We work on a diverse set of research projects to facilitate restoration of Pitcher's thistle. These projects are summarized below and focus on three broad areas: Genetics, Demography, and Floral Scent Chemistry.
Five natural populations and four restored populations of Cirsium pitcheri have been monitored demographically by our research group. The demographic data set currently includes a total of 12,754 plants monitored in nine populations for a maximum of 21 years and a minimum of 2 years (Table 1). Population growth rates are quite variable from year to year, but tend to be less than one for most of the natural populations. Factors influencing population growth rates include weather, particularly drought, as well as seed predation, and invasive species.
|Research subdivisions and Site names||Natural or Restored||Annual demographic data collected and total number of plants in demographic study (mean population size)||Plants alive in 2009||Flowering 2009||Seedlings 2009||Stochastic Growth Rate
|Indiana Dunes NL Research Subdivisions and Indiana Dunes SP in Porter and Lake Counties, IN||Ogden Dunes East||Restored||1993-2009
|Ogden Dunes West||Restored||1993-2009
|Illinois Beach SP Lake Co., IL||Restored||1991-2009
|Kenosha Dunes SNA Kenosha Co., WI||Restored||2004-2009
|Wilderness SP Emmet Co., MI
(except 2002, 2004)
|Kohler-Andrae SP Sheboygan Co., WI (Sheboygan)||Natural||2007-2009
Table 1. Study sites for Cirsium pitcheri around Lake Michigan used for demographic analysis.
(SP = State Park, NL = National Lakeshore, SNA = State Natural Area).
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We have investigated whether differences in quantitative trait variation correspond with population size, molecular diversity, or observed differences in performance in restorations. Quantitative trait variation is being determined in a common garden study following the methods of Knapp & Rice (1998) using seeds from four natural and four restored populations.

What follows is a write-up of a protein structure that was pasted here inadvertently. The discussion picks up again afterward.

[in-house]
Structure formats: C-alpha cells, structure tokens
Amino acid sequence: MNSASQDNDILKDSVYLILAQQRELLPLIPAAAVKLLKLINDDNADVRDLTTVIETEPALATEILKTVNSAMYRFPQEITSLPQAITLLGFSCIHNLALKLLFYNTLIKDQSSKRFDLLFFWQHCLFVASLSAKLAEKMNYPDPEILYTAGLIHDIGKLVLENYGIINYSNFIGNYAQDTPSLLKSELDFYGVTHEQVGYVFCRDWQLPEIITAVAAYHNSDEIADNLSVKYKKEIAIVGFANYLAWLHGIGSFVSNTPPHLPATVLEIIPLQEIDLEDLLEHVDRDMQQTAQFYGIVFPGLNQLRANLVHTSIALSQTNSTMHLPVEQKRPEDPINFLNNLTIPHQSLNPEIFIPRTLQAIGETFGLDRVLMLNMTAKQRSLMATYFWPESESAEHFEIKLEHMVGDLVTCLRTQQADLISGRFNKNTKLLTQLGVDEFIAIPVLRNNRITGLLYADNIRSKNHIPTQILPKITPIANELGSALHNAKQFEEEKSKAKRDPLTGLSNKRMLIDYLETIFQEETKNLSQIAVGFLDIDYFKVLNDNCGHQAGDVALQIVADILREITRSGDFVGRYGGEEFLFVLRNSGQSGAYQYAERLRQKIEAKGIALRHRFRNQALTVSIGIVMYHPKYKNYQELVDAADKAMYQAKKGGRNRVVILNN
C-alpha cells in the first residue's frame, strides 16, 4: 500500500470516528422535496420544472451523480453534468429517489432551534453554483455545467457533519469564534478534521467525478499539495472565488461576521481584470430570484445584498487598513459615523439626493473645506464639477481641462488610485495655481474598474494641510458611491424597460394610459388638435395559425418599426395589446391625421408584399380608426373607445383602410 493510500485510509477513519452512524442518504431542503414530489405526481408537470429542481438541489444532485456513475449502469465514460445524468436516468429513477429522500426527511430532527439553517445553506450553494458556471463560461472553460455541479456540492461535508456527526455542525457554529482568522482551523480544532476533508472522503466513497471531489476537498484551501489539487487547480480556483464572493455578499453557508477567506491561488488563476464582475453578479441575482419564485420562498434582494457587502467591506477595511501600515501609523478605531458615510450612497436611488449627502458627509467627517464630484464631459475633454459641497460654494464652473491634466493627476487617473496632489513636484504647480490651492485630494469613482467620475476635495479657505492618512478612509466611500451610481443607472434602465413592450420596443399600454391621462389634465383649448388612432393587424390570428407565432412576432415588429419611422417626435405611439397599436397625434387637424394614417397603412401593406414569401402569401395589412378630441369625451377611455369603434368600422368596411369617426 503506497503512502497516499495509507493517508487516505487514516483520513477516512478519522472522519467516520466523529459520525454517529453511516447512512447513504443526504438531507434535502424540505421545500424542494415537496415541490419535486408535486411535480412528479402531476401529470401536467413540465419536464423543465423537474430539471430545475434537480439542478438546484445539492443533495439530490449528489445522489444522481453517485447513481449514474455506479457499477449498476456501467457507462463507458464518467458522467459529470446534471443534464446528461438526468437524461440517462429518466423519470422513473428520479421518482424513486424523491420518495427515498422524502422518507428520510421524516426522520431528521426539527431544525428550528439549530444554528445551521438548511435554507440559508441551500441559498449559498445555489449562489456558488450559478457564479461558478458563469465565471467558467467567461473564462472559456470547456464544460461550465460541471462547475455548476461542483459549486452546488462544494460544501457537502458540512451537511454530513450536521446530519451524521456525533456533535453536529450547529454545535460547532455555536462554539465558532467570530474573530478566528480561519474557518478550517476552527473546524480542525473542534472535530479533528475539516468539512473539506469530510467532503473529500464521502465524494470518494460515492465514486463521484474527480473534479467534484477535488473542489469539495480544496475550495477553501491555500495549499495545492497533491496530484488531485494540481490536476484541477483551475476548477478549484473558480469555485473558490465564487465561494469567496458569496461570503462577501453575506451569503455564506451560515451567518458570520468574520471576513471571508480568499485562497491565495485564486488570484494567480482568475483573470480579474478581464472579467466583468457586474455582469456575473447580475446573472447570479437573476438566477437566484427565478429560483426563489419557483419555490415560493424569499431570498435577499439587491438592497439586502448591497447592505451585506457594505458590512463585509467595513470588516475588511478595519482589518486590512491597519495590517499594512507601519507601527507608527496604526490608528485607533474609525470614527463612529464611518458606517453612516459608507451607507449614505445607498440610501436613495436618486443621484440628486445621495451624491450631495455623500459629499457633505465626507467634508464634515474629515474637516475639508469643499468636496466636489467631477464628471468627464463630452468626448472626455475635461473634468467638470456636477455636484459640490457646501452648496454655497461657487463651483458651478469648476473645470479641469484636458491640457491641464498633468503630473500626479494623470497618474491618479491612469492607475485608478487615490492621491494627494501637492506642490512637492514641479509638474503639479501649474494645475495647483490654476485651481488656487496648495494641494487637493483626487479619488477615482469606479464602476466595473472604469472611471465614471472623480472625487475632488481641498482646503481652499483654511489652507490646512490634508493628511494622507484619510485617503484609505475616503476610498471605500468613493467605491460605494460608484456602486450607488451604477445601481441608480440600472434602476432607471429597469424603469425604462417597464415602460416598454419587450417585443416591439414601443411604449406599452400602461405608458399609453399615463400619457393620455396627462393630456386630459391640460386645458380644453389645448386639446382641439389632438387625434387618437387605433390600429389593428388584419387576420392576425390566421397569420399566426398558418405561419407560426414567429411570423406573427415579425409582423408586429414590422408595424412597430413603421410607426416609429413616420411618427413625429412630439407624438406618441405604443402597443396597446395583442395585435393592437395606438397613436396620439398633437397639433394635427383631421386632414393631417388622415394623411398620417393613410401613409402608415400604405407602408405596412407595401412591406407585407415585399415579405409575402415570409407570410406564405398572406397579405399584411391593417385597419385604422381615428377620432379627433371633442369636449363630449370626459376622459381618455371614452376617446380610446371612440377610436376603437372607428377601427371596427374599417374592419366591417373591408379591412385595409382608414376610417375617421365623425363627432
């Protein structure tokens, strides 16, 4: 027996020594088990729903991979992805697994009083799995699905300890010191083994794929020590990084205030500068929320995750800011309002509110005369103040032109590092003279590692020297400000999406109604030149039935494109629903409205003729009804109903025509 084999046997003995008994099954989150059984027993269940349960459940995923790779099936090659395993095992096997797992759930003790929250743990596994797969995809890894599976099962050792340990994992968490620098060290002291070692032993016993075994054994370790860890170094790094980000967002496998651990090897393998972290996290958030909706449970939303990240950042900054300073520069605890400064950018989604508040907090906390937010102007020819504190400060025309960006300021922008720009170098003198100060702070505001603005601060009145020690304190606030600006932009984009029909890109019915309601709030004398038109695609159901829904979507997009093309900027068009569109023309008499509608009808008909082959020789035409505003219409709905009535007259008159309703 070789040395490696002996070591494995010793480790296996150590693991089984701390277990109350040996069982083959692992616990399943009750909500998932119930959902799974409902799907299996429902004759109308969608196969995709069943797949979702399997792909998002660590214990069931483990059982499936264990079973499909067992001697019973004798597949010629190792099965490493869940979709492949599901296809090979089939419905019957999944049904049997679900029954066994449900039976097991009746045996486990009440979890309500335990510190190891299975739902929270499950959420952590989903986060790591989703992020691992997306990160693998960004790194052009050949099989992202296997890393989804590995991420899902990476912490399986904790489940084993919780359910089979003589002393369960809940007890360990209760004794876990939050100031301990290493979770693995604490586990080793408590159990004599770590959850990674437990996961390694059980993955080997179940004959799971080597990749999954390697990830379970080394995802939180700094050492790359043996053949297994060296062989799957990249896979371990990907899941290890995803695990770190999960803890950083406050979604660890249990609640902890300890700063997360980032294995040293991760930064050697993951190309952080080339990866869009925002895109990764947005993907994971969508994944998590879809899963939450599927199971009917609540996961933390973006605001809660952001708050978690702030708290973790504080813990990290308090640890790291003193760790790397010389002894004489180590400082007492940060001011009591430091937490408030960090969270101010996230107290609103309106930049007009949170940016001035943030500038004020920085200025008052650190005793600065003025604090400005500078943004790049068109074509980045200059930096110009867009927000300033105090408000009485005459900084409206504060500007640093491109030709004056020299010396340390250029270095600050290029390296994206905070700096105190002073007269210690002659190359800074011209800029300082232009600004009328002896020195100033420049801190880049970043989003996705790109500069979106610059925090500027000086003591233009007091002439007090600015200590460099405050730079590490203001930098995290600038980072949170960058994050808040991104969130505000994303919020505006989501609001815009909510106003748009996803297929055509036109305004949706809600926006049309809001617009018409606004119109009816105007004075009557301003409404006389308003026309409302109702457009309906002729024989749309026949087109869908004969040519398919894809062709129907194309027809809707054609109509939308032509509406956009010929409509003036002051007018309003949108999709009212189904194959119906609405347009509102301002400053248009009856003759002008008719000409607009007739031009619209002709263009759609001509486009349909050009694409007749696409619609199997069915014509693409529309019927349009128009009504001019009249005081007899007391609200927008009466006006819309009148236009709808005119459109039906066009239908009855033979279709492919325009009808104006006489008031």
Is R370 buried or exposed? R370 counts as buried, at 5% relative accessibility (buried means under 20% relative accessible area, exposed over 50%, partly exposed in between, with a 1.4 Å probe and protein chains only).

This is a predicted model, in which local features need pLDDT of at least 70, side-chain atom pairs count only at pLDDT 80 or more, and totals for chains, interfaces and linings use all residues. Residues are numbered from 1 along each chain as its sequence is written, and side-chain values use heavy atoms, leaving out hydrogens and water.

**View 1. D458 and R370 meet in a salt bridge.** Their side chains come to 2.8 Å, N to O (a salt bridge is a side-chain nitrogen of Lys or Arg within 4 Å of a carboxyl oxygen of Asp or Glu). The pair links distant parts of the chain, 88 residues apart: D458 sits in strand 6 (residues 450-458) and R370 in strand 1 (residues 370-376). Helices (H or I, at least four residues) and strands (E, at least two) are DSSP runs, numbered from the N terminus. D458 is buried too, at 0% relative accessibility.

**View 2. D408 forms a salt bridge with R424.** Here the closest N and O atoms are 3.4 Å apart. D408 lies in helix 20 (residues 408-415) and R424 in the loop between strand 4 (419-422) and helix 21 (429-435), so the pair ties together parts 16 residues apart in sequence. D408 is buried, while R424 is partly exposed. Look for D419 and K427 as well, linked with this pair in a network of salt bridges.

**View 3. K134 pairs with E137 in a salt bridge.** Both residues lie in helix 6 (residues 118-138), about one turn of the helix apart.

To measure the consequences of inbreeding (genetic load) on Cirsium pitcheri, we grew out plants from two populations which are currently used in our restorations at Illinois Beach and Kenosha Dunes; Kohler-Andrae State Park (WI) and West Beach (IN). These populations also represent the two extremes of Fis (0.25 & 0.13) and gene diversity values (0.13 & 0.20).
As plants in the common garden took only two years to flower, compared to 5-8 yr in wild, we can assume that growing conditions are non-stressful. Nonetheless, plants from Kohler-Andrae had smaller juvenile and adult leaves, slower growth rate, smaller total size, fewer side branches and flowers. In combination with the evidence from neutral markers this might suggest that Kohler-Andrae is heavily inbred, although it is also possible that these differences are a result from adaptations to different local conditions.
We are investigating the genetic structure of Cirsium pitcheri at different spatial and temporal levels. We are using 8 microsatellite markers and screening fourteen natural populations throughout the species range to characterize the genetic diversity and structure (e.g., Fst) within and among these populations. Using this information we will compare statistics from the natural populations to those of the four restored populations.
The second component of the genetic study is to investigate temporal changes in genetic structure. We are comparing samples from nine populations collected in 1997 to samples from the same populations collected in 2007.
Species level diversity
We have collected samples from a total of 26 populations of Cirsium pitcheri; 23 from around Lake Michigan and two populations from Lake Superior and one from Lake Huron. We have screened 21 populations using eight molecular markers, and are currently screening the remaining five. For eight natural and one restored population in the southern end of Cirsium pitcheri’srange we have also screened collections from 1997, 2003 and 2008 to gives us three sampling points over a 11 year period (two generations).
Species level diversity (Noah Sokol NSF-REU)
Previous research by Loveless and Hamrick (1988) had suggested that the Cirsium pitcheri was a depauperate in genetic diversity. To test this further we compared the average genetic diversity (P, A, He, Fis) in a pair of Cirsium pictheri populations to Cirsium species with different life histories (rare, widespread, invasive) and modes of reproduction (asexual or monocarpic) (Table 8).Cirsium pitcheri had some of the lowest genetic diversity (although not as low as some asexual species) but lowest when compared to other monocarpic species. This suggest that as whole this species has lower neutral genetic diversity than other similar species, supporting Loveless and Hamrick (1988) idea that Cirsium pitcheri is a derivative species from the once more widespread species (Cirsium canescens).
Table 8. Percent polymorphic primers, Average number of alleles of polymorphic primers, Gene diversity (He- proportion of polymorphic loci) , Inbreeding co-efficient (Fis) and Genetic differentiation (Fst) of different Cirsium species with different life histories rare, widespread, invasive) and modes of reproduction (asexual (*) or monocarpic). Data for C. acaule, C. heterophyllum and C. arvense was taken from Jump et al (2002) and Jump and Woodward (2003).